Apple Adds Flyover And 3D Buildings To More Cities In Maps
Thirty new cities, including Tokyo and London, now support either Apple’s Flyover or 3D buildings. Apple launched its own mapping system on iOS 6, back in September, one that had several inaccuracies and faulty data, leading to what has been known as the company’s “Mapgate”.
On September 28th, Apple’s CEO Tim Cook took over the official website to issue an apology, advising users to “try alternatives by downloading map apps from the App Store”. He recommended apps like Bing and Waze, going even further by promoting the use of HTML5 websites, such as Google Maps and Nokia’s Here solution. Cook also promised to work hard and improve Maps, a version that was built “from the ground up”.
Now, months have passed, and even though Apple doesn’t advertise it that much after the scandal, it has been making different alterations to its Maps app to make it better, including the addition of Flyover support and 3D images for several countries and territories within the United States.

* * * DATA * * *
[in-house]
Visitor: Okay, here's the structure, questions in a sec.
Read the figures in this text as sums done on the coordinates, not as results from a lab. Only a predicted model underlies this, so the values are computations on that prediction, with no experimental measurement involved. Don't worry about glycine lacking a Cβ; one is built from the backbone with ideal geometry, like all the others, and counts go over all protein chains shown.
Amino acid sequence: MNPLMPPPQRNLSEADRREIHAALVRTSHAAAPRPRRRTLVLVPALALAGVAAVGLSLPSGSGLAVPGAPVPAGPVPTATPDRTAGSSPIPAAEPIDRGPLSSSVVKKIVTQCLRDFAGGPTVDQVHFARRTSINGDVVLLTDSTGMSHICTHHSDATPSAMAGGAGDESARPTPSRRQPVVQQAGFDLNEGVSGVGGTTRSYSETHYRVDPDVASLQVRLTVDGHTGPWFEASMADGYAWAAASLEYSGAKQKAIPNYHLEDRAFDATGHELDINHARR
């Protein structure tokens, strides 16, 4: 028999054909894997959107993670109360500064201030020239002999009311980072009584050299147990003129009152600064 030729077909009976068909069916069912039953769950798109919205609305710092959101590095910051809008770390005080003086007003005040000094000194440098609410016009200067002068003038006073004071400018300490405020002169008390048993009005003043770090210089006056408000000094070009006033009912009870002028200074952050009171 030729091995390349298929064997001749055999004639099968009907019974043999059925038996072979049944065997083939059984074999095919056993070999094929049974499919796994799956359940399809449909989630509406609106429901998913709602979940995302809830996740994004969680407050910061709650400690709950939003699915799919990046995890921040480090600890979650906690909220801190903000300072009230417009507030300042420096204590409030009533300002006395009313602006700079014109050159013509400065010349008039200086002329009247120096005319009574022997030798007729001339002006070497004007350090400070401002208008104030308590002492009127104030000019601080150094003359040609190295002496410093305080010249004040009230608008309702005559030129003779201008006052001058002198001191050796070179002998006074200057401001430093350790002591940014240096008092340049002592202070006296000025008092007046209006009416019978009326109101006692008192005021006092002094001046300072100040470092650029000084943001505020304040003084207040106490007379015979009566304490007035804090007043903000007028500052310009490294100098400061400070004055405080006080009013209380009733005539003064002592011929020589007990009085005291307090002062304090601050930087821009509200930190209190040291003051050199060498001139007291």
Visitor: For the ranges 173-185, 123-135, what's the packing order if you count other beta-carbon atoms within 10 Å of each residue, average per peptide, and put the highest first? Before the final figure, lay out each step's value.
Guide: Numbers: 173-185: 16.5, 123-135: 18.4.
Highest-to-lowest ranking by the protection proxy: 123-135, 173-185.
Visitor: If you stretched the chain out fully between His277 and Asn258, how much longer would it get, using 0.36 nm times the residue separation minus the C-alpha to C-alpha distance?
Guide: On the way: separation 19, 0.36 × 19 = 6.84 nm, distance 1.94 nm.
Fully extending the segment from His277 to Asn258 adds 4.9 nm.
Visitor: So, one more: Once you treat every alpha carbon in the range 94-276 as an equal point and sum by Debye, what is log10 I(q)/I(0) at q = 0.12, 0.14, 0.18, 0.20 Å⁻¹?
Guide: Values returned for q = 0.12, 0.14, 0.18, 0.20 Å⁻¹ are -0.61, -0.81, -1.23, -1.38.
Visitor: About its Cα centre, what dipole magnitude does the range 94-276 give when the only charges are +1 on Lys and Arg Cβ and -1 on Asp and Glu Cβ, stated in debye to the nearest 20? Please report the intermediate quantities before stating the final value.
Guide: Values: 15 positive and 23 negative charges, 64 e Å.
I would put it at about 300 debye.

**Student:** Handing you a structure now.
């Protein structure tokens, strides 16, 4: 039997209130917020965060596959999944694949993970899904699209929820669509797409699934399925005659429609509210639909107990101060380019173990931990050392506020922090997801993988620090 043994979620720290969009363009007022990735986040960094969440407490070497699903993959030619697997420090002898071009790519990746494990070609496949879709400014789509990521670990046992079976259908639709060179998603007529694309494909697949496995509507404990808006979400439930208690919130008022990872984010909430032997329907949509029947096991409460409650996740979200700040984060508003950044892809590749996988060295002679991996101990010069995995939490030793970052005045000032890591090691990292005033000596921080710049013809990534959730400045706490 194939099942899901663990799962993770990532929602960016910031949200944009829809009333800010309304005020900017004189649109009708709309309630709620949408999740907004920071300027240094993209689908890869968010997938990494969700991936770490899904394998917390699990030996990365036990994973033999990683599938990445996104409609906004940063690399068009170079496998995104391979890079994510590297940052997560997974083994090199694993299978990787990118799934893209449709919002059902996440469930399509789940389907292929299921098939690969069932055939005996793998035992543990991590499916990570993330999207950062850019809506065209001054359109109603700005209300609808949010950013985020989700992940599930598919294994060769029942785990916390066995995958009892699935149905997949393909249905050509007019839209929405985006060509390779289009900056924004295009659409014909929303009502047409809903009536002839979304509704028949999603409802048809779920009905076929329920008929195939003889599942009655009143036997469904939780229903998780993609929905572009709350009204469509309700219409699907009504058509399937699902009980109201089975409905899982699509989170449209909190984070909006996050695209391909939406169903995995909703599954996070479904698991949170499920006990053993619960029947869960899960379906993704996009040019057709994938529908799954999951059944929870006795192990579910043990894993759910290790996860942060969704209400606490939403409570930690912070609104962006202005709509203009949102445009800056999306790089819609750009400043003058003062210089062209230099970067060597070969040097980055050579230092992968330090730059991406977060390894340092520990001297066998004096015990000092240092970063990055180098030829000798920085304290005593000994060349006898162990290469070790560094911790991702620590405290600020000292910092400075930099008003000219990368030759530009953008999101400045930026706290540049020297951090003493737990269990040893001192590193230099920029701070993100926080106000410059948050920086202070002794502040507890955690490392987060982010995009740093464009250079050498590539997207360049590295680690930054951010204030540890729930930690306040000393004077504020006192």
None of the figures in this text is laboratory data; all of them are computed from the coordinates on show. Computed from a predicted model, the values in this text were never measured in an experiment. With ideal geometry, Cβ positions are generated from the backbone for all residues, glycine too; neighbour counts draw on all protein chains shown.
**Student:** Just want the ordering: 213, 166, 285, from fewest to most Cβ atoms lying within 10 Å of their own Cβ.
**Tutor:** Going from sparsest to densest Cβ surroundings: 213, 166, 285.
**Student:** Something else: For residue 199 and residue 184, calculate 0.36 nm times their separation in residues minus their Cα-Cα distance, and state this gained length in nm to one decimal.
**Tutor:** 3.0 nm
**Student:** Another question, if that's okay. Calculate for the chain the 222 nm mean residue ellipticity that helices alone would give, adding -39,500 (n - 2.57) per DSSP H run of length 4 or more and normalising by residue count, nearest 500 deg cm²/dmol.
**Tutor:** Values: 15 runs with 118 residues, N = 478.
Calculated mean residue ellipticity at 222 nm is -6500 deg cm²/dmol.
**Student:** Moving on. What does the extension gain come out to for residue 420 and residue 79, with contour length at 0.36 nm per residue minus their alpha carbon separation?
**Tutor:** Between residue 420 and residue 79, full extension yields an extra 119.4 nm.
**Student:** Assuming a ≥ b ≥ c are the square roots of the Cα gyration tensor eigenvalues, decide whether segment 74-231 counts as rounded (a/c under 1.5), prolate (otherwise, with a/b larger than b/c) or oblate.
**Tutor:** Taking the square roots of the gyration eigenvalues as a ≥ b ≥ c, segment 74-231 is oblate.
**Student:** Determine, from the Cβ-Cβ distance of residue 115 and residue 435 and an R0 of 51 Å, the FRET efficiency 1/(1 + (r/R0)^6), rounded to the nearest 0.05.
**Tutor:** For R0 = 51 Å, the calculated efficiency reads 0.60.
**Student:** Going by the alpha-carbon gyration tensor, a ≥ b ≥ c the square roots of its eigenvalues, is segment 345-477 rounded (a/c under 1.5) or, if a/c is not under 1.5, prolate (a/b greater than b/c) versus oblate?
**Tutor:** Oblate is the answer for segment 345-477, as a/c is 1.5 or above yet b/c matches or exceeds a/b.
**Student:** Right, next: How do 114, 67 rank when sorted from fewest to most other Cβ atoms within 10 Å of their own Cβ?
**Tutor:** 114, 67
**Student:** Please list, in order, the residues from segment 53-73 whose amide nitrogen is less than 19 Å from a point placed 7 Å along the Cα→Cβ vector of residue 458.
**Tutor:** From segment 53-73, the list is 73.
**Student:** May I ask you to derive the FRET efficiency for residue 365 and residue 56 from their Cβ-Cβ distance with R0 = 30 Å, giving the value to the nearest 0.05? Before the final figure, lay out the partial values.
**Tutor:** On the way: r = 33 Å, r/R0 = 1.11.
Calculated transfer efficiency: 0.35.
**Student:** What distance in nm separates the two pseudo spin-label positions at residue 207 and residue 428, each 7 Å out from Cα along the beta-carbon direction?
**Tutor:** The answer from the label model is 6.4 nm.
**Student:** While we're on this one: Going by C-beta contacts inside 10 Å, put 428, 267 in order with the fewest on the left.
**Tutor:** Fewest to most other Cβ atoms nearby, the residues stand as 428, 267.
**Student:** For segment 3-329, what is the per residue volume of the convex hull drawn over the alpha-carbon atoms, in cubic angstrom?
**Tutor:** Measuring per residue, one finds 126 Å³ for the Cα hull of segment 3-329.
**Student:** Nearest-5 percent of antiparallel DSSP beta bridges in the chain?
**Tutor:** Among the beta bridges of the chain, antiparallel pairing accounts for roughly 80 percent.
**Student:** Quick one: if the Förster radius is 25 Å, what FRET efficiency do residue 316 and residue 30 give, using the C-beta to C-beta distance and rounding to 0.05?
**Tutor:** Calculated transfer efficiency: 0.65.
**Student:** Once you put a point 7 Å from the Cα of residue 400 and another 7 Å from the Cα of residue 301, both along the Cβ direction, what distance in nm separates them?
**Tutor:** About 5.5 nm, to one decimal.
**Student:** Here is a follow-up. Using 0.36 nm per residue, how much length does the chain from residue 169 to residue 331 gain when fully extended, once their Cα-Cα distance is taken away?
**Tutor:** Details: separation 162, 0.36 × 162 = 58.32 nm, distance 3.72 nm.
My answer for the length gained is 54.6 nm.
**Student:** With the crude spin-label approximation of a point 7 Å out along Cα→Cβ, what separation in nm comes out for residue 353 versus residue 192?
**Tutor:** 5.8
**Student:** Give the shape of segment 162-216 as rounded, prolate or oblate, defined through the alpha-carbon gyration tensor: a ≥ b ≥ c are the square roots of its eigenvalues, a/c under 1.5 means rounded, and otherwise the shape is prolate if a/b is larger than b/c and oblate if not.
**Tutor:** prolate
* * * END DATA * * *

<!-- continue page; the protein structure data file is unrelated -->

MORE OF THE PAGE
According to the Loop, Apple has added Flyover support to US cities like Indianapolis, Baltimore and Minneapolis. On an international scale, said feature is now supported in Glasgow (Scotland), Vancouver (Canada), Stockholm (Sweden) and Madrid (Spain). The 3D buildings feature and turn-by-turn navigation is now available in London, England; Milan, Italy; Munich, Germany; and Copenhagen, Denmark, amongst others.
According to The Loop, Apple didn’t forget China, one of its biggest markets, updating its road network and adding a new colouring scheme to match the Map’s vectors and a new character font.
And that’s not all:
“In addition to all of these changes, Apple has updated city labels in cities worldwide and improved satellite imagery in a number of countries. Other updates include location information for Apple Stores, businesses, movie theaters, restaurants, airports and transit stops.”
To satisfy international customers, Apple released an update to the Maps app first in China, and recently in Japan, with a better user interface and a better turn-by-turn direction system.